A five-time Grammy-winning musician, actor, artist, activist and humanitarian, Ziggy Marley has established his presence on the public stage for over a quarter-century.
Wild and Free (Tuff Gong Worldwide), his fourth solo album, may be Ziggy's most political and personal to date. The overall theme of the album is a powerful one, as it propels Marley to challenge social injustice along with the political weapons of ignorance and fear. It was produced with friend and collaborator Don Was at Ocean Way Studios in Hollywood, CA as well as Marley's own studio.
Among other new Marley projects is the comic book Marijuanaman (Image Comics), which offers a new toke on a familiar genre: a superhero with a galactic view of Earth's dwindling natural resources, and how one versatile plant might help save us all. Based on an original character created and developed by Marley, the book was written by Joe Casey (Gødland, Butcher Baker) and illustrated by Jim Mahfood (Kick Drum Comix, Mix Tape).
A native of Kingston, Jamaica, Ziggy Marley and his siblings first sat in on recording sessions with his father's band, the legendary Bob Marley and the Wailers, when he was ten years old. Later, Ziggy joined with his sisters Sharon and Cedella and brother Stephen to become Ziggy Marley & The Melody Makers, allowing him to craft his own soulful sound which blends blues, R&B, hip-hop and roots reggae. The Melody Makers earned their first Grammy (Best Reggae Recording) for their third album Conscious Party (1988), produced by Talking Heads Chris Frantz and Tina Weymouth, which included the hit songs "Tomorrow People" and "Tumbling Down."
Subsequent albums included the Grammy-winning One Bright Day (1989), Jamekya (1991), Joy and Blues (1993), Free Like We Want 2 B (1995), Grammy-winning Fallen is Babylon (1997), Spirit of Music (1999) and Ziggy Marley & The Melody Makers Live, Vol. 1 (2000), featuring some of their biggest hits, as well as a cover of Bob Marley's "Could You Be Loved." While selling millions of records and selling out numerous concerts, Ziggy Marley and The Melody Makers never lost sight of their foundations in faith, fellowship and family.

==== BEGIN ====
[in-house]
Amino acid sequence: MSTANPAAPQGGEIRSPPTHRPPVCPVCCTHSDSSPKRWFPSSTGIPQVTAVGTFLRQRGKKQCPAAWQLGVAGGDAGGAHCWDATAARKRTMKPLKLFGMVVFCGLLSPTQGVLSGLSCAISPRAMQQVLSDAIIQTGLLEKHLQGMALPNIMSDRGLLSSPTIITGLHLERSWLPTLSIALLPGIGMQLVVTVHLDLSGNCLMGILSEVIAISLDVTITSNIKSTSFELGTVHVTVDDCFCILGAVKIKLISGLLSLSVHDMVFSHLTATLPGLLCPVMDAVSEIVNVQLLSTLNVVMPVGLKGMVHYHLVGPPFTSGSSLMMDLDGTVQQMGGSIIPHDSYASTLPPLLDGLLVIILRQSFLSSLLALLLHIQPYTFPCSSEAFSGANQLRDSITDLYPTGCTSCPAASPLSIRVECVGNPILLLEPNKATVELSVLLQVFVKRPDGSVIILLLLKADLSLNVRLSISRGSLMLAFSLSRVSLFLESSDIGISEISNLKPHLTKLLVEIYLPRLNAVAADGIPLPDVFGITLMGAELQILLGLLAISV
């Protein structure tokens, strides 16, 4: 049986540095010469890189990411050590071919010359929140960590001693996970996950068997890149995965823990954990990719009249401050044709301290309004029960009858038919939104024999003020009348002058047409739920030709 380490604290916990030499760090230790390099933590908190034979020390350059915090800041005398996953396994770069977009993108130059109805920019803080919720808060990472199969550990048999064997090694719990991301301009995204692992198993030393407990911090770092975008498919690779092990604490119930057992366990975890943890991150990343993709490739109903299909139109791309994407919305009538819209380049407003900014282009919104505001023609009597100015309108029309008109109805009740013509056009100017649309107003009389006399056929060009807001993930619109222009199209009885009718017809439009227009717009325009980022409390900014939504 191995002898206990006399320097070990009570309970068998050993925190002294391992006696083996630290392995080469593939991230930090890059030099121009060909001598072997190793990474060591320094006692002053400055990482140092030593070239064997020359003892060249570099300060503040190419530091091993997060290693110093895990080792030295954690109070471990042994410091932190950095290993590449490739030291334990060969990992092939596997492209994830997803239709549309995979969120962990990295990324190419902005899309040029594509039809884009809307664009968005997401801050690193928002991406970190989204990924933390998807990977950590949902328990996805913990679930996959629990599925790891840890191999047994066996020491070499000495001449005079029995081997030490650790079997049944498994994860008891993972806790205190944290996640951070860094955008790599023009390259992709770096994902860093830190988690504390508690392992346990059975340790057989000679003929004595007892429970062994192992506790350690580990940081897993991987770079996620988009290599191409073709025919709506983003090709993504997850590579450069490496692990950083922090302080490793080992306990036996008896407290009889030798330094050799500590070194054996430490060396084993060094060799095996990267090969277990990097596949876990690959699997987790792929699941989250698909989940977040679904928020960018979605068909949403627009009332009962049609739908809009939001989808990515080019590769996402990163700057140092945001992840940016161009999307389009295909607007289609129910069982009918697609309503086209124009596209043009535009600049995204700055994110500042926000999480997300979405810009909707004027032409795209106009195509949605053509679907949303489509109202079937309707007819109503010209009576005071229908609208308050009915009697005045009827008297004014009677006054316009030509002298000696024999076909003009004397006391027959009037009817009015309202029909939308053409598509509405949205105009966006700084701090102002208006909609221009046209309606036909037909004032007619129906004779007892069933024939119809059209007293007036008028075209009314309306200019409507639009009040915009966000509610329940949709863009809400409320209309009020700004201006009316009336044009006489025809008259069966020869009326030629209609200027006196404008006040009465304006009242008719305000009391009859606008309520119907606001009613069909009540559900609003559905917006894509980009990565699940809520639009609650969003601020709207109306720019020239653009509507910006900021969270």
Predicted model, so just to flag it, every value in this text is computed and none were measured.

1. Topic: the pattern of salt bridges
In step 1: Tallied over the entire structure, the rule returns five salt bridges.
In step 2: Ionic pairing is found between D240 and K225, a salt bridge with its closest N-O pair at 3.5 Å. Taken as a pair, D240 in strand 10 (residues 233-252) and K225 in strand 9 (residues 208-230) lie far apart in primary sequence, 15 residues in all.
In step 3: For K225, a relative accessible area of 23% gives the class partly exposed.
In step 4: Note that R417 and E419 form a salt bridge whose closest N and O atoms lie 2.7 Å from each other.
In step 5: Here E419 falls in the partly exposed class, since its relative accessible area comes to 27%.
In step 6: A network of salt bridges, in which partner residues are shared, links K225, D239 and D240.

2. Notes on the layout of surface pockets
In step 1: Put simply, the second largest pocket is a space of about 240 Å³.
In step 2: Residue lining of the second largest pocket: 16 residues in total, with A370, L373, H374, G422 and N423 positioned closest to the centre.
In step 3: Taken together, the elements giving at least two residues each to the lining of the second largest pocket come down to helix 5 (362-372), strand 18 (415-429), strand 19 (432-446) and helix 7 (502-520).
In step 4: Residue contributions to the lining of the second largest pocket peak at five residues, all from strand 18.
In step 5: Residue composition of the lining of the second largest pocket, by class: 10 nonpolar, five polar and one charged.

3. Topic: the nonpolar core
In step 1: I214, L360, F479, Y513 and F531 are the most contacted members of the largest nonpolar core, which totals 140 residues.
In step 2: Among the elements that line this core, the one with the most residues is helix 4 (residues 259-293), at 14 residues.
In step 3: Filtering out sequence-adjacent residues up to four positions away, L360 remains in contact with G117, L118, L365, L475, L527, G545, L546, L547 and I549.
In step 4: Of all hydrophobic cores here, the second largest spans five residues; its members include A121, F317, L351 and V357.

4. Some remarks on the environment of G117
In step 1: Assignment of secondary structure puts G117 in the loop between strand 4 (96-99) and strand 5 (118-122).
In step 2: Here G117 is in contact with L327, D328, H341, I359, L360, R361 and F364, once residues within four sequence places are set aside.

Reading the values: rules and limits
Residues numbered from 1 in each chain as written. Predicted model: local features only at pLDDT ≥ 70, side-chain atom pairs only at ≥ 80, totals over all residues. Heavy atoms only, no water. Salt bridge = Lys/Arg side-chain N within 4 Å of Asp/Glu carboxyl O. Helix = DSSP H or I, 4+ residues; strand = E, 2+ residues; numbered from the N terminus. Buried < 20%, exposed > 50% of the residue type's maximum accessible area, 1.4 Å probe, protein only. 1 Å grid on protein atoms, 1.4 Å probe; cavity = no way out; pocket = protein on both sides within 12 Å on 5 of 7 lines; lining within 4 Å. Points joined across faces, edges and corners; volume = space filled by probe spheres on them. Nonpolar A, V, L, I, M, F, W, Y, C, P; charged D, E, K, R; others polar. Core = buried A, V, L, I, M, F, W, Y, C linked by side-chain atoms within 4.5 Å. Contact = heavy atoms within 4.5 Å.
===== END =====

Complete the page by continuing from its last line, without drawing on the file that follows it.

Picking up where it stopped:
After two decades as the driving creative force behind The Melody Makers, Ziggy's first solo tour came in Summer 2002, on the 23-city Jeep World Outside Festival, joining such artists as Sheryl Crow, Train and O.A.R. The following year saw the release of his debut solo album, Dragonfly, followed by 2006's Love Is My Religion, a Grammy winner that further explored personal, social and political themes amid a fragrant mix of roots reggae, traditional rock ‘n roll, African percussion and other varied musical elements. Recently, Marley won his fifth Grammy Award, in the category "Best Musical Album for Children," for Family Time, a 2009 collection of reggae-inflected, family-oriented songs which features family and friends including; Rita Marley, Cedella Marley, Judah Marley, Jack Johnson, Willie Nelson, Paul Simon, Laurie Berkner, Elizabeth Mitchell and Jamie Lee Curtis.
Involved with a breadth of charities, Marley leads his own, URGE (Unlimited Resources Giving Enlightenment), a non-profit organization that benefits efforts in Jamaica, Ethiopia and other developing nations. The charity's missions range from building new schools to operating health clinics to supporting charities like Mary's Child, a center for abused and neglected girls.
Ziggy also continues to head Tuff Gong Worldwide, in honor of his father's own music label Tuff Gong Records, which envisioned independent ownership of Marley music. Ziggy recently reclaimed most of the publishing rights to his music, giving him a strong sense of fulfillment in light of the "independent spirit of what my father dreamed of."